Project 3, Exercise 1. Poetry-Theme of Place.

The Hertfordshire Landscape by Elizabeth Barrett Browning

Hills, vales, woods, netted in a silver mist, farm, granges, doubled up among the hills, And cattle grazing in the watered vales, And cottage-chimneys smoking from the woods, And cottage-gardens smelling everywhere, Confused with smell of orchards.

Slough by John Betjeman

Come friendly bombs and fall on Slough! It isn’t fit for humans now, There isn’t grass to graze a cow. Swarm over, Death! Come, bombs and blow to smithereens those air-conditioned bright canteens. Tinned fruit, tinned meat, tinned milk, tinned beans, Tinned minds, tinned breath.

The Lost Land by Eavan Boland

I can see the shore of Dublin Bay. Its rocky sweep and its granite pier. Is this, I say how they must have seen it, backing out on the mail boat at twilight, shadows falling on everything they had to leave? And would love forever? And then I imagine myself at the landward rail of that boat searching for the last sight of a hand. I see myself on the underworld side of that water, the darkness coming in fast, saying all the names I know for a lost land: Ireland. Absence. Daughter.

Which poem speaks about place in relation to identity and exile?

I feel The Lost Land by Eavan Boland talks about leaving a place that the people in the poem and also the writer loves. He says ‘shadows falling on everything they had to leave? And would love forever?’. It gives the idea of a hasty exit, they are leaving and never coming back again. They have left at nighttime, the words conjure up colours of sadness, a rocky sweep and granite pier grey, desolate and black.

You don’t really know why this boat is leaving but we know it is a mail boat. Is it to do with a war? Is it an illness? prisoners?  Was the mail boat used for other business other than post? It is written from a feeling point of view. My guess would be that the writer has visited Dublin and is looking at the harbour and imagining an event that has happened and relaying these feeling to the reader. Is it about a boat sinking? Is this the writers interpretation? What happened?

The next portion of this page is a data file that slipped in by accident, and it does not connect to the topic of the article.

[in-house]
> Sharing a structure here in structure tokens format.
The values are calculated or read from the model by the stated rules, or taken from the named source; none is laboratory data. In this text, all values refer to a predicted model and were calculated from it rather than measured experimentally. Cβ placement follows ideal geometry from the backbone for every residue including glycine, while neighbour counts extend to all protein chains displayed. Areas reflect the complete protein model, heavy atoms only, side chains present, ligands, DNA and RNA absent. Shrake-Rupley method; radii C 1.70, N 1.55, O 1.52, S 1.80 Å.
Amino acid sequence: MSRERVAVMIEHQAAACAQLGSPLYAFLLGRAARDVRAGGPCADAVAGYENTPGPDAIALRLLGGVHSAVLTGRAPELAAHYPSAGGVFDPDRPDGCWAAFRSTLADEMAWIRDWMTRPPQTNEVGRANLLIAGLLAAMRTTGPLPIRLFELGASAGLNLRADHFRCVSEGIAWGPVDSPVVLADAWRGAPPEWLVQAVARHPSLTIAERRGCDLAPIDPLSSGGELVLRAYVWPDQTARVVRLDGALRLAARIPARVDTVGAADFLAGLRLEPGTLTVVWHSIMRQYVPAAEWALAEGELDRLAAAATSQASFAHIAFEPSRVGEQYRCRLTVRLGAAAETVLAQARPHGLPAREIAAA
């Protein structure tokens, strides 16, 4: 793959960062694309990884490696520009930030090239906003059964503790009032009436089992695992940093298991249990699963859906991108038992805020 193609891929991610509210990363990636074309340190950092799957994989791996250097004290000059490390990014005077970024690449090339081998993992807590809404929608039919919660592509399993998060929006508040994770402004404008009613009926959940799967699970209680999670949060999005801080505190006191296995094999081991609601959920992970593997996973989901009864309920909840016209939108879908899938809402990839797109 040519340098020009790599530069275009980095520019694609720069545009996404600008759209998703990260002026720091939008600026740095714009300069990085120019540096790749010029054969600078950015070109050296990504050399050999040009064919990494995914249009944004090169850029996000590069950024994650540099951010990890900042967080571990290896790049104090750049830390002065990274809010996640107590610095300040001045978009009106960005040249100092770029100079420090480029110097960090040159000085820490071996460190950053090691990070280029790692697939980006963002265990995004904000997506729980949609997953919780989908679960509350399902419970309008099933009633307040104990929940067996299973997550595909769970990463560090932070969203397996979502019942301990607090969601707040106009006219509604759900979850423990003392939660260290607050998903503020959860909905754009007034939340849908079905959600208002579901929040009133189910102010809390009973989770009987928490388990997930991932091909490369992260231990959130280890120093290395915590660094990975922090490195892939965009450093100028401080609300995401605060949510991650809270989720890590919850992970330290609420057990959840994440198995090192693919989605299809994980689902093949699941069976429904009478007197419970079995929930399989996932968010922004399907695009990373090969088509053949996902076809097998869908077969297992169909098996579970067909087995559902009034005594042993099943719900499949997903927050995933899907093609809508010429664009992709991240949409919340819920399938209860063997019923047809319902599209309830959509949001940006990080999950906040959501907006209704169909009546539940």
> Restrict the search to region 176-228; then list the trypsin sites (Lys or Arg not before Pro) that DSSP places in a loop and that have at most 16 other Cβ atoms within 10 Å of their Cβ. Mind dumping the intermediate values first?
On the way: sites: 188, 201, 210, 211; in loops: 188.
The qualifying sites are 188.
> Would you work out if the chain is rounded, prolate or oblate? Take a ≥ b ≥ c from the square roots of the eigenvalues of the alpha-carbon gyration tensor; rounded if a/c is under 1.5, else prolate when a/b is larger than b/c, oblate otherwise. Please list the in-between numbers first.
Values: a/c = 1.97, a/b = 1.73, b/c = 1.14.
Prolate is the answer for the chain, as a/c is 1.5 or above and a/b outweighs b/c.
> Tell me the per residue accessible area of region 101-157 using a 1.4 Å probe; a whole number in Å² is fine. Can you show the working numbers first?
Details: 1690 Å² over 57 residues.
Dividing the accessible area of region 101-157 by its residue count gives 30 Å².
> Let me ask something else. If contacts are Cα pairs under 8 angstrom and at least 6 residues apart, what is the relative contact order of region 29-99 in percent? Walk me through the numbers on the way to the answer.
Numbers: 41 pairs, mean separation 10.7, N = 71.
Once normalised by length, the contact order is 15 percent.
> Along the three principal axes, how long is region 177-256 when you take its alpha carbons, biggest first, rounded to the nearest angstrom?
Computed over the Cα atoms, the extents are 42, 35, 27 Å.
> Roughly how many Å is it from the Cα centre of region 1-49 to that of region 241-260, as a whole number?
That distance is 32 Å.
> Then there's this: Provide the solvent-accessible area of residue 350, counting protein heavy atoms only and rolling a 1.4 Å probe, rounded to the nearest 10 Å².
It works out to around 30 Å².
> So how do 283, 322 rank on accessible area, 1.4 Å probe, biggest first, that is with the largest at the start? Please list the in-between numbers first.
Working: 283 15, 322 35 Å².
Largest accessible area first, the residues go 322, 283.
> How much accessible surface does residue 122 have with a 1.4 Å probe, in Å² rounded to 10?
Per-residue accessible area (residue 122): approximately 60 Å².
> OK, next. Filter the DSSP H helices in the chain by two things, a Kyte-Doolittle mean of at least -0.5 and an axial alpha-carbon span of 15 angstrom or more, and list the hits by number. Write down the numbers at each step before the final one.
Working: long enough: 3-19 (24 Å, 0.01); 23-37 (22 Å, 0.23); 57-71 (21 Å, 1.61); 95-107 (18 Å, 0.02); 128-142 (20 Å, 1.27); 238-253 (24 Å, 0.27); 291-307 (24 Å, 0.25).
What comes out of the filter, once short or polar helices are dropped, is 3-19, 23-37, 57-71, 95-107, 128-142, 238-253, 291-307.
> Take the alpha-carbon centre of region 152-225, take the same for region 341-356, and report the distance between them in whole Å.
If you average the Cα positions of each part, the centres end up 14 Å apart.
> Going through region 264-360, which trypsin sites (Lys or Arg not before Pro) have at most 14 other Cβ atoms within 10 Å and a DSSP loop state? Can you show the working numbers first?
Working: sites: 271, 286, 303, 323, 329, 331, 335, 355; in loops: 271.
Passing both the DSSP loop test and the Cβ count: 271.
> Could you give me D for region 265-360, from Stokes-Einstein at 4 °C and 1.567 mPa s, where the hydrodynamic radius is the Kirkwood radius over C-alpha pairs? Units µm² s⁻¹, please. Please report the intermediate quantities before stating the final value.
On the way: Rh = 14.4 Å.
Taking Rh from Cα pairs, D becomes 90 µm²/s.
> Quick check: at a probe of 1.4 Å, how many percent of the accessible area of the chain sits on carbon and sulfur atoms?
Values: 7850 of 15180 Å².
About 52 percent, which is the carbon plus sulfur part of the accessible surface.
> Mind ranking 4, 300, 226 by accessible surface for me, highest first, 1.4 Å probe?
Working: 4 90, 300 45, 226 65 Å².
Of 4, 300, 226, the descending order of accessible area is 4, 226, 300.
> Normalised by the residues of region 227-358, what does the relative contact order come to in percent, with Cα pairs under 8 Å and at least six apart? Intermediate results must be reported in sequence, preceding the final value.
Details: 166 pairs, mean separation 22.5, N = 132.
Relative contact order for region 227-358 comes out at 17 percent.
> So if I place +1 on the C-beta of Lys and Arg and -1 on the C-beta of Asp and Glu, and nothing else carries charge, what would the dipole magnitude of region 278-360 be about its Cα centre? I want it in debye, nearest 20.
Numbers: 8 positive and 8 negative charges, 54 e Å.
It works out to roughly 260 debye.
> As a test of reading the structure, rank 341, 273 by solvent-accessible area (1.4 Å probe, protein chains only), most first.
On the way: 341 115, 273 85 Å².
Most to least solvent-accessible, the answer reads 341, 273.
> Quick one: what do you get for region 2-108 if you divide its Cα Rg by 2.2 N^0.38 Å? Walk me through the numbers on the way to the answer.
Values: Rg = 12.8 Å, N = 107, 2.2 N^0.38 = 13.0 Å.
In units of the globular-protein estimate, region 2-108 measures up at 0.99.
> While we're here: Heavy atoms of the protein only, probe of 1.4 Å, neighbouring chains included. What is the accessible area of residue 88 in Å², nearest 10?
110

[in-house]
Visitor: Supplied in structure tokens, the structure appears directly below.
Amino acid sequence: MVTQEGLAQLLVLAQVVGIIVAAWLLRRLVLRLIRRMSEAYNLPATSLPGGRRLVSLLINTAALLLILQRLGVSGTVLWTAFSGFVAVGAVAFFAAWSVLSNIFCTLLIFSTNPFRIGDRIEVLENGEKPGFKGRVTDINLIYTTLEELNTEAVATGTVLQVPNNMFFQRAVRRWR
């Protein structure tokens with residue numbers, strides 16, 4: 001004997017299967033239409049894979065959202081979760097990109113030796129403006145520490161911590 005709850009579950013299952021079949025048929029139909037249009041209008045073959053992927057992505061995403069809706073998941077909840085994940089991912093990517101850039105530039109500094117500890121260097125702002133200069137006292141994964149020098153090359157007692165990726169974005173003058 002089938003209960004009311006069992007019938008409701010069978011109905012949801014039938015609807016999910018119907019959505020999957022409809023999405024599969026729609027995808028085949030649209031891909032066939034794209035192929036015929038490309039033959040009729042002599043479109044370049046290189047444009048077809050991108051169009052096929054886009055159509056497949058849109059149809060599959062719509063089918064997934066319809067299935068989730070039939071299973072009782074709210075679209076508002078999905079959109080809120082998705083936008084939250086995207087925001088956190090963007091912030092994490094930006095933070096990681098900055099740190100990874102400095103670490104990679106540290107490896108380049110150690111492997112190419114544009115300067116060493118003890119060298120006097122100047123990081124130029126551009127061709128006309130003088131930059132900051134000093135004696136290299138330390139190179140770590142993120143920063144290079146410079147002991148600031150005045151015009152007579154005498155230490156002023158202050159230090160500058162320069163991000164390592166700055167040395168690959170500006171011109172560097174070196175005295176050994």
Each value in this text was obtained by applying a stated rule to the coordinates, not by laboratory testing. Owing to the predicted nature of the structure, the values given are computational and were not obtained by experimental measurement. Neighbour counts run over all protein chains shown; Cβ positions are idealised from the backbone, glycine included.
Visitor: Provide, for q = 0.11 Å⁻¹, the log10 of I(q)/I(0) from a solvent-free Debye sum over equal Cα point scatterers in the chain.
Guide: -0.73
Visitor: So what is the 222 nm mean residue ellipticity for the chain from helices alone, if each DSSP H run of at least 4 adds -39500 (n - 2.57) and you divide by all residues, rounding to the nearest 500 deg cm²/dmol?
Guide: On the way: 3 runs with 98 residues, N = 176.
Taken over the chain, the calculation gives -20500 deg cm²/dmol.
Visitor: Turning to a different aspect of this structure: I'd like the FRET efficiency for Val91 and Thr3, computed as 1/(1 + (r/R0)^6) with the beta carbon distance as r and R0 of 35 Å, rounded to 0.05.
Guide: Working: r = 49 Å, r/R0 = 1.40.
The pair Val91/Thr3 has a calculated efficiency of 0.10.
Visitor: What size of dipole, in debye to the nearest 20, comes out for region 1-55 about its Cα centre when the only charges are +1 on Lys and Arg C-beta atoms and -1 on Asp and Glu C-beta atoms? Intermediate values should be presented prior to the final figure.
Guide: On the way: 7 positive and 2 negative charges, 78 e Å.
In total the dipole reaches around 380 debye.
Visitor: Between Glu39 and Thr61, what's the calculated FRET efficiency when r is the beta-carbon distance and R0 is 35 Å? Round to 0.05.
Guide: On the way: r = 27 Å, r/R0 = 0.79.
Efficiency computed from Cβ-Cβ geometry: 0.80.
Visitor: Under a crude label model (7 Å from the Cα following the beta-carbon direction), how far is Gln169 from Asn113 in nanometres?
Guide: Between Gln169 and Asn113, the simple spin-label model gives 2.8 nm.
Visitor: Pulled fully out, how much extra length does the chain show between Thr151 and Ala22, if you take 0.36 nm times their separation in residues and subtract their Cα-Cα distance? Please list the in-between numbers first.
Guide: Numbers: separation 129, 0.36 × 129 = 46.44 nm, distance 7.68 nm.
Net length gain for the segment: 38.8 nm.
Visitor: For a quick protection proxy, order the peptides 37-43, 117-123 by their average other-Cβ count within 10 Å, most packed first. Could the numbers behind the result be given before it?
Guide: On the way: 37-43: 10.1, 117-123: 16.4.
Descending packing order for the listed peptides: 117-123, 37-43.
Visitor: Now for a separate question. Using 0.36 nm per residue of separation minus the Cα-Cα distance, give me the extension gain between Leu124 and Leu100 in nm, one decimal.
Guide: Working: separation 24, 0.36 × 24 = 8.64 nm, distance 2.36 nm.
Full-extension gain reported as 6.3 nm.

Which poem purely evokes a sense of place?

The Hereford Landscape by Elizabeth Barrett Browning is poem that is based around place. It is very evocative of what the writer sees and feels and she relays to the reader the sense and sights. ‘netted in a silver mist’ as the reader of the poem I can see that mist and I know what the writer means and where I have seen it myself, usually in September.

By the writer just giving you words that conjure up a place, then adding colour and smells and then insights into what is happening; cattle grazing, walking around and smelling the flowers and the wood smoke. Walking in the orchard and seeing wasps on apples. I want to be there!

Which poem makes a social comment about progress and place?

 John Betjeman makes a social comment about progress and place in his poem simply called ‘Slough’.  He paints a very dismal picture of it, all grey and depressing. A bit like after a war. It has been changed and broken so there is no point in carrying on with it anymore. Progress only goes so far and you must have the minds of the people who live there with you, if not then places start to evolve into something they were never meant for.  ‘Isn’t fit for humans now, there isn’t grass to graze a cow’.’tinned minds, tinned breath’ is this to do with rationing or the drudgery of everyday life? people shuffling around, making the best of it?  ‘bright canteens’ Does he mean office blocks? new buildings being built with no character? everybody couped up in one place doing the same thing, eating the same thing and all leaving together into this grey desolate place?

I don’t fancy going to Slough after reading this especially as Betjeman wants it bombed. Bombed to make it better and how it used to be? Has he picked the place-name as it rhymes with certain words? slough, now, cow?

(Taken from P84-85 Creative Arts Course materials http://www.oca-student.com/sites/default/files/oca-content/course-pdfs/ca4cat_140414_red.pdf– accessed 15th July 2016)
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